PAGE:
Another preview reference on Google gave me,

Alfred Cooper and Robert Beeston, carrying on business as - Grocers and Cheesemongers, at the Wightman-road Stores,

I managed to find a Middlesex Kelly's, recording a Robert Beeston at the shop between 1898 and 1900. In 1901 moved up to 391-393 Wightman Road and opened a shop called The Stores. He was there till at least 1912. (I'm unsure whether the Google preview reference I found regerer's to number 7 or 391-93)

George Dawes, who took over at no 7, was apparently born (1872) into the wine and spirit trade. His father, also George Dawes, was running the Artichoke pub at 55 Newington Causeway by 1891. Four years later, George younger got married and moved up to work in a victualler business in Hampstead.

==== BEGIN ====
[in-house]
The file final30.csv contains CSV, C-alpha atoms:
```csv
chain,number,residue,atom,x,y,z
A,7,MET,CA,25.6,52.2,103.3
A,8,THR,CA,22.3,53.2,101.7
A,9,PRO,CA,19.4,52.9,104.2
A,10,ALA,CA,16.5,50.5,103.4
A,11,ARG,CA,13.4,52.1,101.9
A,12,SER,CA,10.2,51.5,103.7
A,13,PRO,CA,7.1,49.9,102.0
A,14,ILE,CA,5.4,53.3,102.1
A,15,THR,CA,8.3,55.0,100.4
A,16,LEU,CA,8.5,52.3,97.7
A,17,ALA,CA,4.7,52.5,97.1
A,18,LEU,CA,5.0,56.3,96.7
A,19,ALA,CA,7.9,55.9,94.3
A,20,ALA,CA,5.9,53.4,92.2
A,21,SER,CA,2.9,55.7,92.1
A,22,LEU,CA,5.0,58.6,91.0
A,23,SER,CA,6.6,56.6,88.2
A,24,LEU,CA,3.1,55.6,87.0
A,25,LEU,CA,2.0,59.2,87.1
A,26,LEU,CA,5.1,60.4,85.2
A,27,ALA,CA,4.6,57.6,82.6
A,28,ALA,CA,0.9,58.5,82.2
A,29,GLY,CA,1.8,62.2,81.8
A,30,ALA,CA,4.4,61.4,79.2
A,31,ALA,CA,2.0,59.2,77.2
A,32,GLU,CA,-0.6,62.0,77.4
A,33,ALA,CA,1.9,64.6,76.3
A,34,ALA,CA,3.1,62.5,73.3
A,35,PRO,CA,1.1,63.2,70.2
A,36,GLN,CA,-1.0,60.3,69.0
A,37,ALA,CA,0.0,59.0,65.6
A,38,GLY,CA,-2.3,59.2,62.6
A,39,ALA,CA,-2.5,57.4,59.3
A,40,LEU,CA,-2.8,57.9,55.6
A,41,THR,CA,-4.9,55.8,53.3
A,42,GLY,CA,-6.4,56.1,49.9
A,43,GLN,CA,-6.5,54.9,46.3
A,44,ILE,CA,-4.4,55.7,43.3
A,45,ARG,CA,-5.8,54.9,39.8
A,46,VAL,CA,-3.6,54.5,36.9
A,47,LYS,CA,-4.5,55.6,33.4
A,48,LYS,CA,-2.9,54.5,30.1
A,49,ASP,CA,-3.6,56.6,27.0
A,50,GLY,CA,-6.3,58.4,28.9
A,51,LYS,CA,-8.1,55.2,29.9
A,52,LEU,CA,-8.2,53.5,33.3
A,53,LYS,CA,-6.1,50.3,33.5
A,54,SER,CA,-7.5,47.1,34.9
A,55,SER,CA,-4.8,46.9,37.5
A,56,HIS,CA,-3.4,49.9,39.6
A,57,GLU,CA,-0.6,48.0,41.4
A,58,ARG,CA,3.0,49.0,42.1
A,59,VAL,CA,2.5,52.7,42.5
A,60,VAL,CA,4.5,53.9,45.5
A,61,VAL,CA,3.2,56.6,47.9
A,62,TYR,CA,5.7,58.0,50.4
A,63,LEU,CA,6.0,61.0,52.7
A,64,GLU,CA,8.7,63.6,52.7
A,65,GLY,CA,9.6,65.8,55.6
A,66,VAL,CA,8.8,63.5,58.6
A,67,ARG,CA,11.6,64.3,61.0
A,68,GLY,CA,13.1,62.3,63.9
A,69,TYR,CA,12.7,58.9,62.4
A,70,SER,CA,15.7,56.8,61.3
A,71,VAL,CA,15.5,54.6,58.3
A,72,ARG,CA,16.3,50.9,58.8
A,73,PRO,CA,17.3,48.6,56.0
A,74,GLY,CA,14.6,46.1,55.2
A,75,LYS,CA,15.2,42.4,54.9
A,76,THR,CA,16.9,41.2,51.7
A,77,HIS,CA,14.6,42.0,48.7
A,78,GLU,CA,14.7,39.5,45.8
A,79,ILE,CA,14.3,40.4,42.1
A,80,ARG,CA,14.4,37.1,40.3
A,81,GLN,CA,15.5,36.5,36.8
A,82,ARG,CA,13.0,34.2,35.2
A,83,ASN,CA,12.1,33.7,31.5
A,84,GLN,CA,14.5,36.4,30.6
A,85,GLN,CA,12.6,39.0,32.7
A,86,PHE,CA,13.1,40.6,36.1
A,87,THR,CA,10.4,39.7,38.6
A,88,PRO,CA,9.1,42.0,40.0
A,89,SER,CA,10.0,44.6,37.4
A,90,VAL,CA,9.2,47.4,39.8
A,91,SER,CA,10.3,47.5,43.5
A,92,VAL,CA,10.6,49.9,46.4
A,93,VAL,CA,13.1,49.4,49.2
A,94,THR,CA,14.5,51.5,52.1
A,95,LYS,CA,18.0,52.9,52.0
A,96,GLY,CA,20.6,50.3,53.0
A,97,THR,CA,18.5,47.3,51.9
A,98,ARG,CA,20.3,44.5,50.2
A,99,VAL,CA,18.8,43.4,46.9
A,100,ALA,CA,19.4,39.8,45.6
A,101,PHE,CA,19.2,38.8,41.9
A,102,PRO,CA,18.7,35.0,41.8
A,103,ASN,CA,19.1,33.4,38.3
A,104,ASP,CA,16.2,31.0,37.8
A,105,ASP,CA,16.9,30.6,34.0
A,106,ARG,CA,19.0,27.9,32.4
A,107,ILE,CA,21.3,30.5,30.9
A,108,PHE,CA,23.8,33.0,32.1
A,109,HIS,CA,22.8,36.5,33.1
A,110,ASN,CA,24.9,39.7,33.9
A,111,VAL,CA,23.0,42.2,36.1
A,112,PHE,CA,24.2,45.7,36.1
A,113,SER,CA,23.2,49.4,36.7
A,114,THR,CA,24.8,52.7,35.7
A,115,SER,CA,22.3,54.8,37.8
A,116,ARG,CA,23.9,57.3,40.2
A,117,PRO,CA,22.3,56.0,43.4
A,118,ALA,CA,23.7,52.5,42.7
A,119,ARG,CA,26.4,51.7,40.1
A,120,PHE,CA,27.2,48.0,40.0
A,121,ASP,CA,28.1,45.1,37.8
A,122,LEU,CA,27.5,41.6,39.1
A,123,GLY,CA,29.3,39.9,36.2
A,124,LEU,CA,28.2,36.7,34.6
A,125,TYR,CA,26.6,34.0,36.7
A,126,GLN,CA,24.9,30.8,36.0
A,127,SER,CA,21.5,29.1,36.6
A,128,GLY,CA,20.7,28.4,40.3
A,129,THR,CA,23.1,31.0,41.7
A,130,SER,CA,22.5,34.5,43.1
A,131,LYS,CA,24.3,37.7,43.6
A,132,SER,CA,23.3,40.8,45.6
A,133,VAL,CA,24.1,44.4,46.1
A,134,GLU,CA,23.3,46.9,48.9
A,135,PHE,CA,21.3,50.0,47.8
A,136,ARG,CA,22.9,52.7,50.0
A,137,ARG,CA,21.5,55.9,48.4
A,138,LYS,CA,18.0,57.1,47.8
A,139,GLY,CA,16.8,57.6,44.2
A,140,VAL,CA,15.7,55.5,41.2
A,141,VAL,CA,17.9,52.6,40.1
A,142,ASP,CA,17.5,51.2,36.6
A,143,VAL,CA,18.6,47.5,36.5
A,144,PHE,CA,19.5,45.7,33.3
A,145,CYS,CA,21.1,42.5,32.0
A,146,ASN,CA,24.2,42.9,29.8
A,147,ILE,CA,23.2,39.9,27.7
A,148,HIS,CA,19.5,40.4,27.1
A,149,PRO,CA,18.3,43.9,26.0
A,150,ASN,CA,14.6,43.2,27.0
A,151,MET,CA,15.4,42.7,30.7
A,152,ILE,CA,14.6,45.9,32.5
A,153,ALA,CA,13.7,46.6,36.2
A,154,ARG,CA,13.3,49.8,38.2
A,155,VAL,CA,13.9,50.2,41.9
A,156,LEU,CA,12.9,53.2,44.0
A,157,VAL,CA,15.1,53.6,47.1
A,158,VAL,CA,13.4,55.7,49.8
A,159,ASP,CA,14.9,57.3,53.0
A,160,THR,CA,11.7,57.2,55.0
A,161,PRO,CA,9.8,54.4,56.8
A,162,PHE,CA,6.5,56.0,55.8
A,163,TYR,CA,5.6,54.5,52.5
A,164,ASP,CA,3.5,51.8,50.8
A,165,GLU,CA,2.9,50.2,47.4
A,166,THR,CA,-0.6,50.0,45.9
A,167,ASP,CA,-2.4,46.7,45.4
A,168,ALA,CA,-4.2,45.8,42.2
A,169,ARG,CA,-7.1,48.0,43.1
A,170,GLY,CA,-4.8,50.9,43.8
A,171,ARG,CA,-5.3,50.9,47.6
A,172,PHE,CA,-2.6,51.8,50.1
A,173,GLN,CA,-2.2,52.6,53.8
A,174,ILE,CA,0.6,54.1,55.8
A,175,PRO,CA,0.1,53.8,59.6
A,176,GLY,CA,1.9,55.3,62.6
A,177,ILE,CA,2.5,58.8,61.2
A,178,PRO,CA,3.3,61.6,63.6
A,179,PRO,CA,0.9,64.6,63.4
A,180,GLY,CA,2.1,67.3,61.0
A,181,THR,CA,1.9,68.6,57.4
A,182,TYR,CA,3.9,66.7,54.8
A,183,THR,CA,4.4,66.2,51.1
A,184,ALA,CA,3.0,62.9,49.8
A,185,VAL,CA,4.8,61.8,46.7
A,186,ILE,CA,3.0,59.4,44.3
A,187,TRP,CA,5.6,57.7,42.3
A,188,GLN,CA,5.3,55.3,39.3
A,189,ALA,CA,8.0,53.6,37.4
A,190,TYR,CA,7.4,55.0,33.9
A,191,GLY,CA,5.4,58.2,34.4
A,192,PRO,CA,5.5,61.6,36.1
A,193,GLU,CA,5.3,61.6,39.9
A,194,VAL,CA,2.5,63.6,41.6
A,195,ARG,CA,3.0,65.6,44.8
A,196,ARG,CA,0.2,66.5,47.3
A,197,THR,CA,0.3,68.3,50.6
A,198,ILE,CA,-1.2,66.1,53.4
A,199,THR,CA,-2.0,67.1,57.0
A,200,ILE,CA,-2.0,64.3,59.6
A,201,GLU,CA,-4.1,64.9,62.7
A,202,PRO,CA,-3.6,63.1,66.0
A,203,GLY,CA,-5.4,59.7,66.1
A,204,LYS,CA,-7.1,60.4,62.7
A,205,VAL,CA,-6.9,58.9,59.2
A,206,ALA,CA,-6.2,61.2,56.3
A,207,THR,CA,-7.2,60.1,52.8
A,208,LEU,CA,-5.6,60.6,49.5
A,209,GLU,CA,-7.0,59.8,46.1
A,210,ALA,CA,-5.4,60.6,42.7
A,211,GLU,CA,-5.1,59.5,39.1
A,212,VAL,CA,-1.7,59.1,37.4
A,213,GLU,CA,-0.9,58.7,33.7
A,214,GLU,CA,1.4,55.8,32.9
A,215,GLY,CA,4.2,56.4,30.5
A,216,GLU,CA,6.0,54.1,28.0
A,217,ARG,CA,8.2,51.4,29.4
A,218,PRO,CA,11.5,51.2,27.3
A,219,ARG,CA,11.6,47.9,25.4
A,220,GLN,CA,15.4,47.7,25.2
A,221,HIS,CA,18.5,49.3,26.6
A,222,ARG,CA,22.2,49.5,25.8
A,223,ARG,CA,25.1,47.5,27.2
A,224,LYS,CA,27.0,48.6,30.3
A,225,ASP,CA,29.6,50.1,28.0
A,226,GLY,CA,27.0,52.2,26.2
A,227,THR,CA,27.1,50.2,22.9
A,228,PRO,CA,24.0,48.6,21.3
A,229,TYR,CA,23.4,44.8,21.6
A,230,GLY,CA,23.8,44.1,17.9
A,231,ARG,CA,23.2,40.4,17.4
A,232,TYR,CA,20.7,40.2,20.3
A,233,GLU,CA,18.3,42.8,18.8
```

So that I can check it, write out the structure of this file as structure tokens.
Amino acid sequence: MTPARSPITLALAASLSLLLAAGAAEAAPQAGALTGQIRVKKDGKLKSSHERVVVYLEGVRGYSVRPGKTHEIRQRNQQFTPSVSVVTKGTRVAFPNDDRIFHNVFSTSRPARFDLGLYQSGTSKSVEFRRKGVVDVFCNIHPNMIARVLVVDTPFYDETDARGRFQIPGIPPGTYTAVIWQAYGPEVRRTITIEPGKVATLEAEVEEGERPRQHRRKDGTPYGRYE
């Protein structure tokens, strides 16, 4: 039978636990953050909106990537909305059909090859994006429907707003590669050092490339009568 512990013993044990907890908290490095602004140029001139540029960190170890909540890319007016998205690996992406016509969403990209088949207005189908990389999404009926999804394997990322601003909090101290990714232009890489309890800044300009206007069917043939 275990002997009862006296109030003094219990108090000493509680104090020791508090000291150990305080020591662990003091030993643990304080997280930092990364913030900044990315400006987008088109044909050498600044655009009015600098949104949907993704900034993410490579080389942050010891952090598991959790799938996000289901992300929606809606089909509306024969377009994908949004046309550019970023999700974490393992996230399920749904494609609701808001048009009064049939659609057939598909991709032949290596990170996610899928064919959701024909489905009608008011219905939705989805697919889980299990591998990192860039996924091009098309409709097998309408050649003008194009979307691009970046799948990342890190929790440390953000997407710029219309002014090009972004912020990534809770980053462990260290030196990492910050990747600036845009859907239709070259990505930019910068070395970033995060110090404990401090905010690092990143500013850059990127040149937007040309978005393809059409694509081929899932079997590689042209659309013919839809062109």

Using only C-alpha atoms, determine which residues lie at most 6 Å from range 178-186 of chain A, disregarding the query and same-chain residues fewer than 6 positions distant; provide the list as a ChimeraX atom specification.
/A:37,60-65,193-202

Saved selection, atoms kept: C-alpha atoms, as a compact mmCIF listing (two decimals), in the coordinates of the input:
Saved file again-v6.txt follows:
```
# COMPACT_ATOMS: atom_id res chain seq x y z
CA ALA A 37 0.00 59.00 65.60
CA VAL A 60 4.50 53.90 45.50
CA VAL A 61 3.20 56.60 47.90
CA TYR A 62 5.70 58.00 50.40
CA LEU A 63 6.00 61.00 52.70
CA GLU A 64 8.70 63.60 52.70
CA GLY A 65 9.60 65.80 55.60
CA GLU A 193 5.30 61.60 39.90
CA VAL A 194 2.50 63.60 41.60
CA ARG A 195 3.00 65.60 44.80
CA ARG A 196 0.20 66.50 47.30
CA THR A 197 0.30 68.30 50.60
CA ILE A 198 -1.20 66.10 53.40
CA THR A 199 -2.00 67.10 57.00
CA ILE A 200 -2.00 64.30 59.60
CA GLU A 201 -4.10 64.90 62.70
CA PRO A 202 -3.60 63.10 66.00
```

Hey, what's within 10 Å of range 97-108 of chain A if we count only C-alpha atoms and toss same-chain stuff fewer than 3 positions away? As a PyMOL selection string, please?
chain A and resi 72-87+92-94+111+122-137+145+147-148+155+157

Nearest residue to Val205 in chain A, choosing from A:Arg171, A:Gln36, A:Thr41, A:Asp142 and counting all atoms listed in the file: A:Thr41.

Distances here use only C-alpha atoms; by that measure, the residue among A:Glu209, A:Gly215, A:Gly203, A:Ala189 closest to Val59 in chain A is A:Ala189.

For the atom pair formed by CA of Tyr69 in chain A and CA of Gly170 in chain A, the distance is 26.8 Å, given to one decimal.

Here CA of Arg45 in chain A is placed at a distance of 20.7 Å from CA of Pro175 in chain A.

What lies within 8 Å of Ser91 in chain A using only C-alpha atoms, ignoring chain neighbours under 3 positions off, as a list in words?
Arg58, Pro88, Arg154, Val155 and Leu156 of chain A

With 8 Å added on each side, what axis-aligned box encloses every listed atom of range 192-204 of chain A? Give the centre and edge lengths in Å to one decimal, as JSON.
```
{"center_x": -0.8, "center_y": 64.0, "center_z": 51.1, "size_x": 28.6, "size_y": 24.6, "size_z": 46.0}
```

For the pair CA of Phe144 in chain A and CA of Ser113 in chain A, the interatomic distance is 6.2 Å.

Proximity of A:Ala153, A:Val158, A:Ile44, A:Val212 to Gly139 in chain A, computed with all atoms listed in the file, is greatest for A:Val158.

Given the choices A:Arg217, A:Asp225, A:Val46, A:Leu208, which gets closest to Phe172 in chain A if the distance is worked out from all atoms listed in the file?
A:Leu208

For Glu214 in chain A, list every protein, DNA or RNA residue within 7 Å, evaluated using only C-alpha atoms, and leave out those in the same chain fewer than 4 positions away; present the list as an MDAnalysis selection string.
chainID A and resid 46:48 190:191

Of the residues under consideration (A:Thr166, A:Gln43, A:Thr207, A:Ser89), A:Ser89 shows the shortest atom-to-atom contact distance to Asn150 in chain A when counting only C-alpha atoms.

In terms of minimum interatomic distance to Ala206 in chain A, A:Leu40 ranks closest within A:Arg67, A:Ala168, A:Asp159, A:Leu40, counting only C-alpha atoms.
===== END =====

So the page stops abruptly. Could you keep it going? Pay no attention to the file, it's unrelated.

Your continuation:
The family moved to Wightman Road in 1901. The latest reference I found to George was in the 1939 Register, by which time, as an old man, he was living in Bounds Green and working as a gardener. 

Teresa Wilson contributed her memories in 2017,

The shop to the left used to be local sweet shop and newsagents Catlin's back in the 60s run by a German family. At least one of my brothers was a paper boy here. An Asian family took over some time in the 1970s and took over the off licence next door some while later. The grandmother of the newsagents asked my Mum for her recipe for bread pudding. She loved it so much.

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Replies to This Discussion

Like so many Kenyan/Ugandan Asians they saw a business opportunity and took it.  Good for them.  I hope too many aren't suffering from closures and the rise of the big supermarkets.